The public has decided that drones are a safety hazard; there have been too many reports of incidents in which UASs have come too close to an airplane, landed in an inappropriate place (White House, Forest Fires, US Open), injured bystanders and a host of other problematic incidents. The Secretary of Transportation held a high profile press conference to announce that drones would have to be registered—when, how, which ones and why were the obvious questions. The negative reaction was strong from drone world, but the political sympathizers were equally or more supportive of the initiative.
What is the appropriate regulatory response to this crisis? Is the goal to prevent problems, by being able to identify the UAV flier BEFORE there is an accident? Or is the goal to capture the bad person after the drone has crashed or has landed at an identifiable spot? Perhaps the purpose of the Foxx press conference was really to do something visible?
The Chairman of the House Transportation and Infrastructure Aviation Subcommittee, Rep. LoBiondo (R-NJ), has indicated that he is on the drone band wagon by saying:
“We’re trying to press the Federal Aviation Administration to come up with rules and regulations… How do [people] operate them safely? How do they operate them without interfering with privacy issues… If you’re going to purchase… a drone, a manufacturer should be responsible for the registry process… We have to keep pressing for the FAA to call for registration.” [emphasis added]
The bolded words point out the LoBiondo important policy goals:
- encouraging drone pilots to fly safely
- privacy concerns
- manufacturers responsible for registry
Those are significant regulatory concerns, but there is little correlation between the LoBiondo goals and compelling registration of UASs.
It is inappropriate to extrapolate, based on the existing fleet’s registration, what putting N numbers on drones will help to attain these three goals for UAS. First and foremost, as evidenced by the above two airplanes, the N number on the above jet is visible from considerably longer distances than the small N number on the quadcopter. The pilot on the plane, the points of take-offs and arrivals, the contact with the ATC (at a minimum radar visibility) and other factors collectively encourage, if not compel, the aircraft operator to comply, to be responsible. Registration is a bureaucratic step which truly does not markedly add to safety of UASs.
If safer flying is the desired outcome, registration of the AIRCRAFT will not, in and of itself, compel the flier of the drone to adopt safer flying procedures. Maybe a few drone operators might be incentivized to fly more safely for fear that the N number would lead the FAA to investigate the owner of an N numbered drone which was identified post-crash. It is easy to predict that the owner of an UAS would assert that someone else was flying when an identified incident occurred. That scenario does not project much of an increase in the adhering to better flight procedures.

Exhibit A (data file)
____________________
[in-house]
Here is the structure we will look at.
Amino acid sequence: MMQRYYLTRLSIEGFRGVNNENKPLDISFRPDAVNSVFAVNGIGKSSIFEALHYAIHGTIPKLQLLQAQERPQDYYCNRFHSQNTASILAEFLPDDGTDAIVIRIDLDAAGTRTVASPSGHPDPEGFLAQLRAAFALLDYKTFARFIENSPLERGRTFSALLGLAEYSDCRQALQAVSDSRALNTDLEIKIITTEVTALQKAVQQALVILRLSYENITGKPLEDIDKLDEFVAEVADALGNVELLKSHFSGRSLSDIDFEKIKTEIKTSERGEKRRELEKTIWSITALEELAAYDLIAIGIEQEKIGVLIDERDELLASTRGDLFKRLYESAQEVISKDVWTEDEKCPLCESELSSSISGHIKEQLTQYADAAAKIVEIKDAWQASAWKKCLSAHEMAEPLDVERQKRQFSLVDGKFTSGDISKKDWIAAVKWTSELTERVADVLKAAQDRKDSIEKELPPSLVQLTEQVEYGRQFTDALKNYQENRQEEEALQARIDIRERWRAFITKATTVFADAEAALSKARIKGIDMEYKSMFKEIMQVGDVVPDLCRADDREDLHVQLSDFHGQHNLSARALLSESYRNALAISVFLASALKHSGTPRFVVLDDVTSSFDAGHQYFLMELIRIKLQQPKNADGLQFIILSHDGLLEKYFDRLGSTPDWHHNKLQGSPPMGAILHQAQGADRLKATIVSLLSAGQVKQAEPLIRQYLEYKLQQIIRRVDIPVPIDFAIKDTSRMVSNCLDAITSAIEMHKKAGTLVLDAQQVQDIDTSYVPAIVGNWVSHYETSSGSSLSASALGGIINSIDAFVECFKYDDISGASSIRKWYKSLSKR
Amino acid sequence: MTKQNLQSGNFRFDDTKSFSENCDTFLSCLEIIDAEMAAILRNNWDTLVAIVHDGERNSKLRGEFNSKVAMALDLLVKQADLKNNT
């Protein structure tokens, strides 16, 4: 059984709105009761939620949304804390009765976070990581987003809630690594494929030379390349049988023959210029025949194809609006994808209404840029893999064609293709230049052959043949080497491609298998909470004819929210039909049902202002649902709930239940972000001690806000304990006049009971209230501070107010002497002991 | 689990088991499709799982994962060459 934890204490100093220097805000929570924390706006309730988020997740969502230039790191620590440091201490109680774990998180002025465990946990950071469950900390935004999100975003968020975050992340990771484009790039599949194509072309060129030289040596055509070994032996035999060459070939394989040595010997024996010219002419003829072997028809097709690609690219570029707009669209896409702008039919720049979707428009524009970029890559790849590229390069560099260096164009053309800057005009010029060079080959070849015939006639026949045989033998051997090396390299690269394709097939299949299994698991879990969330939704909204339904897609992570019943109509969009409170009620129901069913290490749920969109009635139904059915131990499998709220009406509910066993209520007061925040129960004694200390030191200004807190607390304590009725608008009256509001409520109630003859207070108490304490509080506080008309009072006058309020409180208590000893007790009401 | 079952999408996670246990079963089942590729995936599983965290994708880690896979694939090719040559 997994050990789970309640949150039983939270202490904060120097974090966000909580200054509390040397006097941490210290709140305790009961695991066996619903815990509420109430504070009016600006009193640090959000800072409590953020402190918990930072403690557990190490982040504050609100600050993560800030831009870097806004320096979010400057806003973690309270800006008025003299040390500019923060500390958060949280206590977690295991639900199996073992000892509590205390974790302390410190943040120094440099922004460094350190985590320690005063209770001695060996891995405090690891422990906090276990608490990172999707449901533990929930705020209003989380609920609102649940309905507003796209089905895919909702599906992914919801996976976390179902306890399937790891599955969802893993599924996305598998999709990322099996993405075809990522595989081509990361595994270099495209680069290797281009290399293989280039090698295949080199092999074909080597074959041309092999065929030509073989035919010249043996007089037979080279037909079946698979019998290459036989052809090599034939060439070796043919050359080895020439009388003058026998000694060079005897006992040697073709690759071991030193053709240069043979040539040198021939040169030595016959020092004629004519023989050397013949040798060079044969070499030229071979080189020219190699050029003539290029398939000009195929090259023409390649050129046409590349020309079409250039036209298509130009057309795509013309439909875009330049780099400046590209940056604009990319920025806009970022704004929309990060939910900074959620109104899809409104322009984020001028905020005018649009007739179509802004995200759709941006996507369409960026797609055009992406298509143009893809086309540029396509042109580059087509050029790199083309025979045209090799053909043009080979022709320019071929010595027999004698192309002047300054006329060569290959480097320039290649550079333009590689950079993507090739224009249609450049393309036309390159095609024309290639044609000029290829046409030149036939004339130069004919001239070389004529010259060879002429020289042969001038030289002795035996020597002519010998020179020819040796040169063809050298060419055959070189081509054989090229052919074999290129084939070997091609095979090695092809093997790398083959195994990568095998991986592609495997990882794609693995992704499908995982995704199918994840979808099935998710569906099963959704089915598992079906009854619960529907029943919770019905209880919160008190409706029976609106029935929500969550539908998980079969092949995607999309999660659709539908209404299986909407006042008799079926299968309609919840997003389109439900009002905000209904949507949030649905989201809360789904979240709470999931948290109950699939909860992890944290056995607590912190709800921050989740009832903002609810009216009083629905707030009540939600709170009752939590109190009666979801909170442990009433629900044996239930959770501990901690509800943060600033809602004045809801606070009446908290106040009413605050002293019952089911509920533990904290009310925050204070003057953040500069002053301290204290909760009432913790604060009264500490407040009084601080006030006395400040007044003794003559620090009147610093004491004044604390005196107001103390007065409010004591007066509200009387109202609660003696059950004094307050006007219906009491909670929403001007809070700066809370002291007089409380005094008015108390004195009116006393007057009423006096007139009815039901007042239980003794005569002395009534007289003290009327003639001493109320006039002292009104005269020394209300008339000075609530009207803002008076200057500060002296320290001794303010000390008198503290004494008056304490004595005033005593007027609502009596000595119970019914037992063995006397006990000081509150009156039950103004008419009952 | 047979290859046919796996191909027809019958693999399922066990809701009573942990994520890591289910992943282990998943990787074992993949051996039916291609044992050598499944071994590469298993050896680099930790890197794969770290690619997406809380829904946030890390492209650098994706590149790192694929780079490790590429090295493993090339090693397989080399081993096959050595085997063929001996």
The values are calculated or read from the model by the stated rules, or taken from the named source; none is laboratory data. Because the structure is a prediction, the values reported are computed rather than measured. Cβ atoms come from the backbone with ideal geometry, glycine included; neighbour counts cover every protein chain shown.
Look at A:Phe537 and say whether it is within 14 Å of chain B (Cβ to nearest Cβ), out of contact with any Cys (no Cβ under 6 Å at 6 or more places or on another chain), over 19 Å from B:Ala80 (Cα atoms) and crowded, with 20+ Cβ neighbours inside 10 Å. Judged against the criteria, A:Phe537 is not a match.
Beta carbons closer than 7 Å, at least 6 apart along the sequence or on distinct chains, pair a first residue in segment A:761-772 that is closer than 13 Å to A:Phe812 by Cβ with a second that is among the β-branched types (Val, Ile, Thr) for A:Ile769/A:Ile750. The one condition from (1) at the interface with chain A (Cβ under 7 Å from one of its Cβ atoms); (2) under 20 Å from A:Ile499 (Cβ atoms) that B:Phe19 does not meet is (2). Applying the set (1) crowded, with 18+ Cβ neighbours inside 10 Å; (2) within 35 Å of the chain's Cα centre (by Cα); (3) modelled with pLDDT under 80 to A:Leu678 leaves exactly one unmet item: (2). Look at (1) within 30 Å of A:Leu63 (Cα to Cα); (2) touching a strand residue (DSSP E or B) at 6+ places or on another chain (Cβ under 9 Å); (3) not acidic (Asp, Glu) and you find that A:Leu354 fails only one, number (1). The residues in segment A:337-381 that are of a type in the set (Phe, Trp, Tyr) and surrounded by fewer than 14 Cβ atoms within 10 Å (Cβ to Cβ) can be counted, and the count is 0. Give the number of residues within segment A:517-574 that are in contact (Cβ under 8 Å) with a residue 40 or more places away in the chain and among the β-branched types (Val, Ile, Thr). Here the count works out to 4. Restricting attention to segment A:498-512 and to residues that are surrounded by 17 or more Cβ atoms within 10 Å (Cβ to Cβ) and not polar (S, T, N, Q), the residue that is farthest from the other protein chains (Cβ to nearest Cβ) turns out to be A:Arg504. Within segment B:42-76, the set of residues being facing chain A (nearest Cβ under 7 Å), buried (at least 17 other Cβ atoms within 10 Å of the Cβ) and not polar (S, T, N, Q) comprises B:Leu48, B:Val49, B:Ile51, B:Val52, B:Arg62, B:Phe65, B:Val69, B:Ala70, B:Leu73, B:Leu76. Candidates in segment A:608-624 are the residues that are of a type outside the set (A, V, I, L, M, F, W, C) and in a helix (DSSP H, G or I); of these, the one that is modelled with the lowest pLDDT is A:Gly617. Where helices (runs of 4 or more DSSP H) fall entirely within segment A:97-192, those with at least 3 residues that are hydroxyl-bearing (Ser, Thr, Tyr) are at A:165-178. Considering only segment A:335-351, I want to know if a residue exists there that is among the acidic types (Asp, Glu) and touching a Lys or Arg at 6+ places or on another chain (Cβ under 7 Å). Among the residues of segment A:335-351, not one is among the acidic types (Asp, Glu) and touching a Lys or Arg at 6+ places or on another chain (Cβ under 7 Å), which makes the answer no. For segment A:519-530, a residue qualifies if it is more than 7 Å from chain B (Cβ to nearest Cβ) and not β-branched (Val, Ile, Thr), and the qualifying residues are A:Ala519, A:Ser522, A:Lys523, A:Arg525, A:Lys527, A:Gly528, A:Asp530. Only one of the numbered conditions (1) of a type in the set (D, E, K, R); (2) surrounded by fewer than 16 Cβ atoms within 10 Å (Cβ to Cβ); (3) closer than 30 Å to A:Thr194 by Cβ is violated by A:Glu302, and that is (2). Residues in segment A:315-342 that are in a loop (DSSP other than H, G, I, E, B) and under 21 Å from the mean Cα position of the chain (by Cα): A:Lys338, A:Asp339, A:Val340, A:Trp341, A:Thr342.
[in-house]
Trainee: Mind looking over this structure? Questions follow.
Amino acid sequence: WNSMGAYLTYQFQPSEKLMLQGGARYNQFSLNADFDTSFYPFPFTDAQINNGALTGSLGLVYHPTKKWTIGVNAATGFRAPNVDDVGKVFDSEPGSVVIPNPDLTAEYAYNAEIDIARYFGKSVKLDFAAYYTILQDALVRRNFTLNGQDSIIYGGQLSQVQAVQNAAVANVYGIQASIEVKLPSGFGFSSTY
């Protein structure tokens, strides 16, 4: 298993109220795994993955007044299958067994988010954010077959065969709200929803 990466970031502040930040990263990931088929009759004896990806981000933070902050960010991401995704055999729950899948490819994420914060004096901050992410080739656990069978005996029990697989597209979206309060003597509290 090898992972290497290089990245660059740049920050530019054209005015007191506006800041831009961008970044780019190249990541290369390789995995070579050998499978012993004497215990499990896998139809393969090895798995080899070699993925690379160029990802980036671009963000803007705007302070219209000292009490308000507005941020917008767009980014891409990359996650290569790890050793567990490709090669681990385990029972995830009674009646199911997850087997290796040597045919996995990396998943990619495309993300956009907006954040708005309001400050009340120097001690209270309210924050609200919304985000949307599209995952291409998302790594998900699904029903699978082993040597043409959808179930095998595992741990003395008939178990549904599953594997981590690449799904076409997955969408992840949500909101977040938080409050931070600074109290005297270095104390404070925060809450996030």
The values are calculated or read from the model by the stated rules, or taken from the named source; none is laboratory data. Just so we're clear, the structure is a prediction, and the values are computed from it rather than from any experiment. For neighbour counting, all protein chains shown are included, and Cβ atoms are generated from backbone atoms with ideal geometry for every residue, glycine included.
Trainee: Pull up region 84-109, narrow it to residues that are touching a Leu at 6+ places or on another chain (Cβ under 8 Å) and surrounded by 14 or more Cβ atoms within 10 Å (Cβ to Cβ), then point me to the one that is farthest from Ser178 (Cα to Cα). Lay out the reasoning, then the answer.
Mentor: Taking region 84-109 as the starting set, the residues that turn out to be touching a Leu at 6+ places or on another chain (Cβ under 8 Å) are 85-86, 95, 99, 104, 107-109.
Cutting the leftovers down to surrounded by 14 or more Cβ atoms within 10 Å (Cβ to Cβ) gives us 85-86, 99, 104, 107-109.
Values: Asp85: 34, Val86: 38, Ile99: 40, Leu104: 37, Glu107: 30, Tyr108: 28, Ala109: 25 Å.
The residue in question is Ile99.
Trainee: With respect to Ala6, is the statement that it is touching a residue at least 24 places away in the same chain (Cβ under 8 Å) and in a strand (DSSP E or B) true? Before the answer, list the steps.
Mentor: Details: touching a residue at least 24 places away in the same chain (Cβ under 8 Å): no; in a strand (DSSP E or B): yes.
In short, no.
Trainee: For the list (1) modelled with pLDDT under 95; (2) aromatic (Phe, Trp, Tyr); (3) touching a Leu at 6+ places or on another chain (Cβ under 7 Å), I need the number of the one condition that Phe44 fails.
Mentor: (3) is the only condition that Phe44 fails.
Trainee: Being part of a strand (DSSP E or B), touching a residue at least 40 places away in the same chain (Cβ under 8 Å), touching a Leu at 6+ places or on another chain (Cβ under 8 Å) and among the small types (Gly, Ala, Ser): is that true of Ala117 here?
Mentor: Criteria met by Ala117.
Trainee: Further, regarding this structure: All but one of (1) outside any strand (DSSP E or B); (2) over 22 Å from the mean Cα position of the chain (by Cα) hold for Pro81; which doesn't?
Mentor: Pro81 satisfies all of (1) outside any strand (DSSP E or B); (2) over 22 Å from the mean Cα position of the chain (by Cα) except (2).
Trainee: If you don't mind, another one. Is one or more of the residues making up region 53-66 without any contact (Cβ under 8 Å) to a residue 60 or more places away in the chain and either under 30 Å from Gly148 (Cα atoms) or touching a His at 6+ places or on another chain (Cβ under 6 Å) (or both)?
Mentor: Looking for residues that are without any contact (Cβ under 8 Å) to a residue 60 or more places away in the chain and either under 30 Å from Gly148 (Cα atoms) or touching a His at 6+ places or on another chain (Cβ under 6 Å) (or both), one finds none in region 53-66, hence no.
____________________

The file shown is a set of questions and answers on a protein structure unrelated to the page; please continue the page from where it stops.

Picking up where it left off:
The highest correlation between the goal of improved UAS flying standard and some governmental action would be a test like that required of all Private Pilot Licenses applicants. To qualify to fly a plane, one must pass both a written test and a practical demonstration of skills. Such a hurdle is likely to move towards Chairman LoBiondo stated direction, but the resources to design and administer the written examination are beyond the capacity of the FAA. The personnel demands to administer the practical test would be even greater. Perhaps delegation of those functions would work.
There is little likelihood that a mandate requiring owner register would reduce the frequency of drone flights which invade the privacy of others. If the flier would fly close enough to invade the space of a person, it is possible that the person being violated would be able to read the N number of the Peeping Tom UAS. Again, the owner of the identified drone might claim that he lent his bird to someone else. Registration does not enhance privacy.
To truly limit the Peeping Tom phenomena risk, education is the more likely mechanism to encourage drone fliers to behave better. That might be part of a license course or included in the Original Equipment Manufacturer’s instruction packets.
The third LoBiondo notion, greater OEM involvement, might contribute to the safety and privacy goals. As mentioned above, the manufacturer has the most direct and closest relationship with the operator. In particular, the education of the buyer is in the best interests of the company trying to expand the market. The industry would be good at creating instructional programs for all of these goals—CDs, YouTube videos, a cadre of instructors or even flying academies. Voluntary participation would be the best solution; for the regulatory nexus between the FAA and the OEM is attenuated.
Since UAS are not being “certificated” by the FAA, there is less direct, statutory authority over the OEMs. OEMs of the existing fleet of FAA certificated products have regulatory requirements to provide information on both initial and continuing basis. If the Chairman wants to assure the OEM’s participation and not rely on voluntary compliance of the manufacturers, he may have to enact new statutory powers for the FAA.
Objectives must relate to desired outcomes; registration does not, in and off itself, move the regulatory impact towards the three goals. Chairman LoBiondo, focus on practical regulatory mechanisms which will attain your well-articulated goals. You have the right idea and as usual the devil is in the details. Mere registration sounds better than its likely results.